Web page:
New England editorial roundup
The Providence (R.I.) Journal, March 8, 2013
It will take many years for Venezuela to recover from the incompetent and dictatorial rule of President Hugo Chávez, who died Tuesday at 58. The lack of transparency about the late leader’s long illness, cancer, in itself suggests the corruption of his regime. He spent many of his final months in a Havana hospital, where he ‘‘governed’’ via documents on which his signature was sometimes forged, with the aid of Cuba’s communist dictatorship.
He had long helped prop up that government by giving the island massive quantities of oil and natural gas. Will Hugo Chávez’s death speed the end of the dictatorship of Fidel and Raul Castro? Anyhow, his exit is bad news for that regime, Iran and the other anti-American tyrannies that the Venezuelan boss favored.
The folksy Chávez was a superb demagogue if a feckless administrator. After the former paratrooper failed to overthrow a democratically elected government in 1992 via a military coup, he won a fair election in 1999. But he kept power for 14 years through innumerable antidemocratic tactics, including physical and economic intimidation of his foes, rewriting the constitution in a bid for lifetime power (successfully), dismissing the parliament, suppressing the news media and taking over much of the judicial system.
Meanwhile, he rather chaotically strove to impose his special brand of socialism, including nationalizing key economic sectors, imposing crazy price controls and spending a lot of money on dubious public-infrastructure projects that had a way of not being completed. So bad has been his regime that Venezuela, a huge fossil-fuel producer, now suffers frequent electricity blackouts, and many of its stores lack basic items they once routinely offered, including food staples.
And President Chávez’s cronies have become a new and notably corrupt oligarchy even as the country has lost immense capital and entrepreneurial talent as many businesspeople, engineers and other highly educated people have fled abroad. At the same time, crime has soared, further damaging the economy and quality of life.
None of this is to say that his populist appeal came out of nowhere. Venezuela, like most of the developing world, has extreme differences in quality of life between the small number of rich folks and the many impoverished people. The charismatic Chávez gained much support with his bread-and-circuses appeals to the desperately poor. We have seen in person the terrible slums on the hillsides in Caracas, and the gated mansions of the rich. The poverty must be addressed. But Hugo Chávez made things much worse for the nation as a whole, whatever his concern for the poor.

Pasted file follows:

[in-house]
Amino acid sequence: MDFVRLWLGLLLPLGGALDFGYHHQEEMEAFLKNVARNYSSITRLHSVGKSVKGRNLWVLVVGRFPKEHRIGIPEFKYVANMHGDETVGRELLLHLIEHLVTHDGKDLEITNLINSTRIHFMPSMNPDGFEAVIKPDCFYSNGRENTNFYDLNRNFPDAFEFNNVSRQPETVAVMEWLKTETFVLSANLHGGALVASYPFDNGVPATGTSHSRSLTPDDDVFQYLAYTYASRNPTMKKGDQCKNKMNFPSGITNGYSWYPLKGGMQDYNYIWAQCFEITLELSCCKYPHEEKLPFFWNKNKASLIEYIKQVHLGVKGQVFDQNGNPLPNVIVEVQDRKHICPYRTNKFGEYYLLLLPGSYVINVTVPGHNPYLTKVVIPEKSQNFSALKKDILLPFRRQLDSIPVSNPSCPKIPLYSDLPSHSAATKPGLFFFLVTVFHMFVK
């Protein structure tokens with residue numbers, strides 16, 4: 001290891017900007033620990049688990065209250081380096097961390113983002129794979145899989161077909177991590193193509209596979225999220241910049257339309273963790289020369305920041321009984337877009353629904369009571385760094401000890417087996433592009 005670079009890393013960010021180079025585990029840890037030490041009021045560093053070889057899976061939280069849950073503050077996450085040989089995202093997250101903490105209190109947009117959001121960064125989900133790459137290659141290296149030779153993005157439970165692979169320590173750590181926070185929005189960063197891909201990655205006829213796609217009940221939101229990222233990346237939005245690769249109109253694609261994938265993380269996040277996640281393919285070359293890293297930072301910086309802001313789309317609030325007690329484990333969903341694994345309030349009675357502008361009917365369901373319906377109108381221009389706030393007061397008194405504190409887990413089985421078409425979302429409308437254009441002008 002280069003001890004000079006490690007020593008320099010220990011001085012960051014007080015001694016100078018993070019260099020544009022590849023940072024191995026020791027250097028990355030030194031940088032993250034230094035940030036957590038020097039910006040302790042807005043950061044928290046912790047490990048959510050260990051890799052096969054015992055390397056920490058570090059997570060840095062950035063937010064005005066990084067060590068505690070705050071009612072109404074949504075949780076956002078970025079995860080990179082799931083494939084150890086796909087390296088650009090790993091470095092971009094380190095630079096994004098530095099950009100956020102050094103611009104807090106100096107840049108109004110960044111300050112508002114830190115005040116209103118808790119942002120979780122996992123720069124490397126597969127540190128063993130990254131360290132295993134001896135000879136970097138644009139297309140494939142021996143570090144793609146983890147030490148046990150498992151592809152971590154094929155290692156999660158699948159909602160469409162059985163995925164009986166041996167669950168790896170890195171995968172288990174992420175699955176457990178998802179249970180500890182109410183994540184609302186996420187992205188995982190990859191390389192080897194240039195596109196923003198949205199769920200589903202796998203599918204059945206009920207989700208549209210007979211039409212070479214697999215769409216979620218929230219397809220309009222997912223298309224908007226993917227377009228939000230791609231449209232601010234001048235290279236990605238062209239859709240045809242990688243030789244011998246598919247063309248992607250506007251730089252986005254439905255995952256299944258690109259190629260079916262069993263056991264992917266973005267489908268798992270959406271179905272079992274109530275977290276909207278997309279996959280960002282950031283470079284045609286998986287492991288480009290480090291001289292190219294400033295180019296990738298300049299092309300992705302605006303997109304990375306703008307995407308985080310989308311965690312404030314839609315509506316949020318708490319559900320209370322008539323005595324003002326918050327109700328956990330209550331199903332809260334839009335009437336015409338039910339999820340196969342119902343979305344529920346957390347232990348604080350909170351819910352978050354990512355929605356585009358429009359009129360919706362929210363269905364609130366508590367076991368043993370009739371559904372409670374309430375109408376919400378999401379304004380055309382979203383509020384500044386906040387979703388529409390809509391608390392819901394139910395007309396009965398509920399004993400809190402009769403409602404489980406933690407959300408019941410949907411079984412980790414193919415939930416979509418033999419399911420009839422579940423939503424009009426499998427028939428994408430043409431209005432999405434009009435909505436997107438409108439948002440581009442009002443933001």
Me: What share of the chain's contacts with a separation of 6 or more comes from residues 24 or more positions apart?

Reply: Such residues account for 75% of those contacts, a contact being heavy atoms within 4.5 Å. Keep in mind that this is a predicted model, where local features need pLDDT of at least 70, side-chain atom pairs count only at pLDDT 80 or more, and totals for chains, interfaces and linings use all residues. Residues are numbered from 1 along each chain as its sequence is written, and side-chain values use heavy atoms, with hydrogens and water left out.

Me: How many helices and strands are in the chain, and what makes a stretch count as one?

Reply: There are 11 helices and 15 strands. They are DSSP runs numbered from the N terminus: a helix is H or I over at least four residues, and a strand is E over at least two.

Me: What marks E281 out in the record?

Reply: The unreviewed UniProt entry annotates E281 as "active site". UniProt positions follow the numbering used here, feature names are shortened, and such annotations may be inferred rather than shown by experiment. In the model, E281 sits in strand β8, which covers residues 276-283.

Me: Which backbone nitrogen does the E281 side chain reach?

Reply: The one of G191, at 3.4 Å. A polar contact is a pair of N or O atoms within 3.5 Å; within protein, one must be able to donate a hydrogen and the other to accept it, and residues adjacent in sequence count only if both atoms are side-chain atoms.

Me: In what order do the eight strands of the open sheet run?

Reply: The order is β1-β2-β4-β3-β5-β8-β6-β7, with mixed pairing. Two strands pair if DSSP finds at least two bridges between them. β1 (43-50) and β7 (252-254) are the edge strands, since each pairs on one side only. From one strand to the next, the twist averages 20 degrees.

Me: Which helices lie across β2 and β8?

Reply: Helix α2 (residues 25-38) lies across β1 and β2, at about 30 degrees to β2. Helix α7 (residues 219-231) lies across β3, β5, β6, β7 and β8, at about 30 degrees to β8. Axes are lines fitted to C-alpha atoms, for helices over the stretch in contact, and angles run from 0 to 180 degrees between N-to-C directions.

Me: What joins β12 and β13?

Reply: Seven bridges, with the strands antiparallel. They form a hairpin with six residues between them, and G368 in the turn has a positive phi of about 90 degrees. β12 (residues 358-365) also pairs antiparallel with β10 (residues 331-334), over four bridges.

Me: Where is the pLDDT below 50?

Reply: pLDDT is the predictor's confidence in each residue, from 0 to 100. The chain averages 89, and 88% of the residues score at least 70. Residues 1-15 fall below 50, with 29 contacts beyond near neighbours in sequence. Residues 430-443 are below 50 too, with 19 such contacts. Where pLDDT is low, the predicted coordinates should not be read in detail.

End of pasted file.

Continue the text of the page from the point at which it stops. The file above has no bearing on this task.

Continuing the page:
Meanwhile, the U.S., by wrongly and undemocratically supporting his overthrow in a failed coup, probably strengthened his rule inadvertently.
Chavez said that his successor should be Vice President Nicolás Maduro, who may win the special presidential election to happen within a month. But Maduro is not nearly as effective a demagogue as was Hugo Chávez, whose ‘‘Bolivarian Revolution’’ may soon pass into history as Venezuelans seek to re-establish common sense and democracy in a country that with good government could be very prosperous.
The Sentinel & Enterprise of Fitchburg (Mass.), March 5, 2013
Is ‘‘Seabiscuit tartare’’ coming soon to a restaurant near you? It looks that way. Most Americans — and Europeans — are revolted by the thought of eating horsemeat for lunch or dinner, but a mysterious omission in a 2011 U.S. Congress appropriations bill has opened the door to the slaughtering of horses for human consumption in the United States.
A federal ban prohibiting the slaughter of horses had existed since 2007. It was tied to a rider in an appropriations bill that cut off the U.S. Department of Agriculture from financing inspections of horsemeat. The rider was renewed in subsequent appropriations bills until it disappeared in the 2011 version.
Does it really come as any surprise that there would be only one horse slaughtering plant in America — Valley Meat Co. of Roswell, N.M. — to benefit from the congressional lapse or reversal?
Valley Meat Co. has been slaughtering cattle for 20 years. Prior to the horsemeat ban, it had been cited for the inhumane destruction of animals, including horses, and was fined. It has been the target of several high-profile animal-rights groups.
‘‘Seizing’’ upon Congress’ 2011 reversal, Valley Meat sued the USDA because the agency was allegedly dragging its feet on reimplementing a horsemeat inspection program. No inspectors, no slaughter. A federal judge recently sided with Valley Meat. According to government officials, the plant is likely to receive USDA approval by May for horsemeat production.Continued...